HuntStand Definitions | Deer Bedding Areas
Hunters, here’s a crazy number for you to think about – 70%. That’s the amount of time on average a deer will spend bedded during the day. Broken down, that equates to roughly 17 of the 24 hours in a day. Combo that with an average of 11 or so hours of darkness and your chance to catch a buck on its feet in daylight is pretty darn slim! For this reason alone, it’s imperative that a hunter understands and considers where deer are bedding during all times of the year.
There’s been a lot of media over the years telling you to STAY OUT of deer bedding areas so you don’t pressure the deer and bump them off the property. The risk just isn’t worth the reward is what many believed, so much so, that many hunters barely ever make it more than 80 yards in from the edge. While there’s certainly some truth to that, always playing it safe may be costing you opportunities on mature bucks. And who’s to say you can’t hunt a bedding area safely? The first step to successfully identifying bedding areas is to find them. Once you find them, you’ll need to understand why deer prefer them and during what winds/conditions.
Summer Bedding Areas
During the summer, deer can bed just about anywhere. With the forest alive and grasses over three feet tall, cover is everywhere! Since this is the case, deer will often bed close to food or in areas that are cooler or less buggy. Cornfields, north facing slopes, draws, and heavily shaded areas are all popular bedding locations during the summer. The best way to locate bedding areas during the summer is to find where the deer are feeding. If you find where they are feeding on a nightly basis, you can back track them to their bedding. Deer are extremely predictable during this time of year, especially bachelor groups of bucks. Glass or hang a trail cameras up over a soybean field or preferred browse area and backtrack them to their beds. Chances are they won’t be too far away.
PHOTO: *Deer are extremely predictable during the summer and early season, especially bachelor groups of bucks. Glass or hang a trail cameras up over a soybean field or preferred browse area and backtrack them to their beds. *
Fall Bedding Areas
Fall is the time a hunter really needs to understand buck bedding behavior. However, unlike summer when everything is lush and green, fall is a time of constant change. With that comes a constant change in preferred bedding areas. Couple this with mounting hunting pressure and you’re really in for a wild roller coaster ride. Mature bucks live to maturity because they are driven by fear – plain and simple. If people are around, they bed where there are none (urban deer not included). They also tend to bed in the thick nasty areas (probably because we don’t like to go in there). Fact is, there are entire books written on fall bedding behavior, so what you’re getting in the next paragraph is barely a blip on the radar.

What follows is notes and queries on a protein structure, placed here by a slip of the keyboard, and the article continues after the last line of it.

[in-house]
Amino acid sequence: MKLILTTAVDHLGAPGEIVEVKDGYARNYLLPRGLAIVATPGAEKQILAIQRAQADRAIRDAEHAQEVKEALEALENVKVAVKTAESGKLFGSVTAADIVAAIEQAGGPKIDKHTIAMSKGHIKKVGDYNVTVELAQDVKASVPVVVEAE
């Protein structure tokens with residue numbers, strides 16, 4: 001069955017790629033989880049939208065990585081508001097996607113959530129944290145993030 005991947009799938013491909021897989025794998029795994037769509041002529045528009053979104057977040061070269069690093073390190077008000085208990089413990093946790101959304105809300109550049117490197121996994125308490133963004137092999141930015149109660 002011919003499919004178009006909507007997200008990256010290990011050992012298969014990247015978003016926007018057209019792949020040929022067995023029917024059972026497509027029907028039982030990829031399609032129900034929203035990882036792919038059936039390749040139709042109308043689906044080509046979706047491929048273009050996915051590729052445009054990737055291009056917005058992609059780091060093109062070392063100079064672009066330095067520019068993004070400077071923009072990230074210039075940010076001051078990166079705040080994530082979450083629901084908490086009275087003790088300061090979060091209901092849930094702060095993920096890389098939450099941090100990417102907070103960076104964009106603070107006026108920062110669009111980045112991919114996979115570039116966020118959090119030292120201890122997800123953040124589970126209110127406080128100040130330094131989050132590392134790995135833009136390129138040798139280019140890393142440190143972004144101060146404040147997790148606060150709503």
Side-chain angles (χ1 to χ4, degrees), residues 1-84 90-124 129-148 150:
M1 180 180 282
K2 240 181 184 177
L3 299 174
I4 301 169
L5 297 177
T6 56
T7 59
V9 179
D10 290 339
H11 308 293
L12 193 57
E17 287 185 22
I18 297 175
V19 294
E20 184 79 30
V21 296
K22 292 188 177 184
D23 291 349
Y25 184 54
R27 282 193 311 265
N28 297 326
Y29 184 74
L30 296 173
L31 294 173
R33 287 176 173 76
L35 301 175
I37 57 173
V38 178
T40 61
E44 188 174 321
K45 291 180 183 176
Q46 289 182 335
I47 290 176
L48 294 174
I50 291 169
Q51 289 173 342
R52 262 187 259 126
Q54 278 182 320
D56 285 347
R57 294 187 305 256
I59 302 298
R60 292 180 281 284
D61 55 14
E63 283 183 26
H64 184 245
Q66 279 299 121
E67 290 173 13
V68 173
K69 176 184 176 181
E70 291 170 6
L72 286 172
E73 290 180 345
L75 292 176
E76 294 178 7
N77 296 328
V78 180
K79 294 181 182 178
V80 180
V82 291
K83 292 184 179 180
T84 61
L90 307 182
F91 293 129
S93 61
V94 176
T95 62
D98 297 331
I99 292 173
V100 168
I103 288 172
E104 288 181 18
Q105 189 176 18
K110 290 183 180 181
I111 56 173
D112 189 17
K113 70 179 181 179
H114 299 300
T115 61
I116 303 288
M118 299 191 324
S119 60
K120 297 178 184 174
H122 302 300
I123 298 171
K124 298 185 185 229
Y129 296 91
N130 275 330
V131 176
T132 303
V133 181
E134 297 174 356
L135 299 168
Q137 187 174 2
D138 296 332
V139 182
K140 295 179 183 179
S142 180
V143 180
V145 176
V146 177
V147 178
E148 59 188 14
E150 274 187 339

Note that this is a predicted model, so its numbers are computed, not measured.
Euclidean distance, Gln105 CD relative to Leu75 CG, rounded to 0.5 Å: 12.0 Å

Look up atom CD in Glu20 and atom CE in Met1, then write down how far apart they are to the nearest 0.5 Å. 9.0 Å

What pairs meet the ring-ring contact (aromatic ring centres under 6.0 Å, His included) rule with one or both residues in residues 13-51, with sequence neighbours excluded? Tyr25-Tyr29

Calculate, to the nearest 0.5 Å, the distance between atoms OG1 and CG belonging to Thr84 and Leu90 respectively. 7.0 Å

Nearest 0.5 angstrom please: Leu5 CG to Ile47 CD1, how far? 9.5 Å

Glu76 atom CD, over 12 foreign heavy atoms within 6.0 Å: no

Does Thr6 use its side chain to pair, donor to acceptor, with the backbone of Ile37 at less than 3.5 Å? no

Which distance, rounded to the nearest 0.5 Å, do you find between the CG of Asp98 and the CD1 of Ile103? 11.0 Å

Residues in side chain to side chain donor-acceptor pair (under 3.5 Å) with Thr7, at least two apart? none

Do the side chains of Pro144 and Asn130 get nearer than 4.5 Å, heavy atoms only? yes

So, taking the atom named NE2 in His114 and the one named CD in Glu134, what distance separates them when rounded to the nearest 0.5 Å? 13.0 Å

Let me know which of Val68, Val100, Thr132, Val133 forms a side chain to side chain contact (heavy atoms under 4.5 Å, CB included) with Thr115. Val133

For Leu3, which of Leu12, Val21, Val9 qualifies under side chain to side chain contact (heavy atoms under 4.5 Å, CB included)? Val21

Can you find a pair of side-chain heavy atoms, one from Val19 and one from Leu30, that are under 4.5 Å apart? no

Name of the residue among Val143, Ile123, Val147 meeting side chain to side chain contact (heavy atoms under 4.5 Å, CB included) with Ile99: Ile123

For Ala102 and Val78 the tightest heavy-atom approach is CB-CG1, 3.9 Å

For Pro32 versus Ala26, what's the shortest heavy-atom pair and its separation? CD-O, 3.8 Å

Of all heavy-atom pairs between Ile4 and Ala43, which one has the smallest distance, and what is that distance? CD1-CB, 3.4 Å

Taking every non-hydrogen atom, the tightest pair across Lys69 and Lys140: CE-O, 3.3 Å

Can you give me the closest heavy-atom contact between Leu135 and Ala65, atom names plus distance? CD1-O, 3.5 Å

When it comes to preferred fall bedding areas for bucks, several areas come to mind immediately –wooded islands or peninsulas scattered in swamps and cattail marshes, feeder ridge points in hill country, thick edges in flat ag areas, meanders along any creek or river, and interior edges in big woods country. Search and scout these areas first and work your way deeper and deeper, as bucks tend to move away from the pressure throughout the season.
PHOTO: *Fall is the time a hunter really needs to understand buck bedding behavior in relation to thermals, wind, and likely path of travel from the bedding area. In this case, once a buck bed is found, HuntStand can help you map out where to place a stand based on the wind direction. *
Winter Bedding Areas
Temperatures have dropped, food has disappeared, and security cover is at an all-time low. This is the season of survival. In the extreme northern reaches of the country, deer will often herd up in what are commonly called deer yards. These are typically coniferous forests, which helps insulate the area and limits the amount of snow due to the dense canopy cover – both extremely important factors when it comes to saving energy and surviving the winter.
Once you get away from the vast timbered areas of the Northwoods, deer will still herd up in the winter, but this time they seek southern hillsides and any area that offers cover in the 0-3 foot range. Winter is relatively easy to discover preferred bedding areas because all you have to do is think to yourself, Where would you go to stay warm? Pine plantings, CRP, swamp edges, and thick areas, are all good places to check, especially if there’s snow on the ground and if terrain is southern oriented.
Photo: *Pine plantings, CRP, swamp edges, and thick areas, are all good places to check for late season deer bedding, especially if there’s snow on the ground and if terrain is southern oriented. *
Bedding is a big topic and it can take a fair bit of scouting and reading to really understand how and why bucks are using a specific area. Bedding areas are chosen carefully as to avoid danger by bedding in a way that allows them to utilize their ultra-keen senses – usually this means their back is to the wind so they can smell behind them and see in front of them. Next time you find a bed, get down in it, and really observe what a deer can see and on what wind they would be bedded there, it just might change the way you hunt for years to come.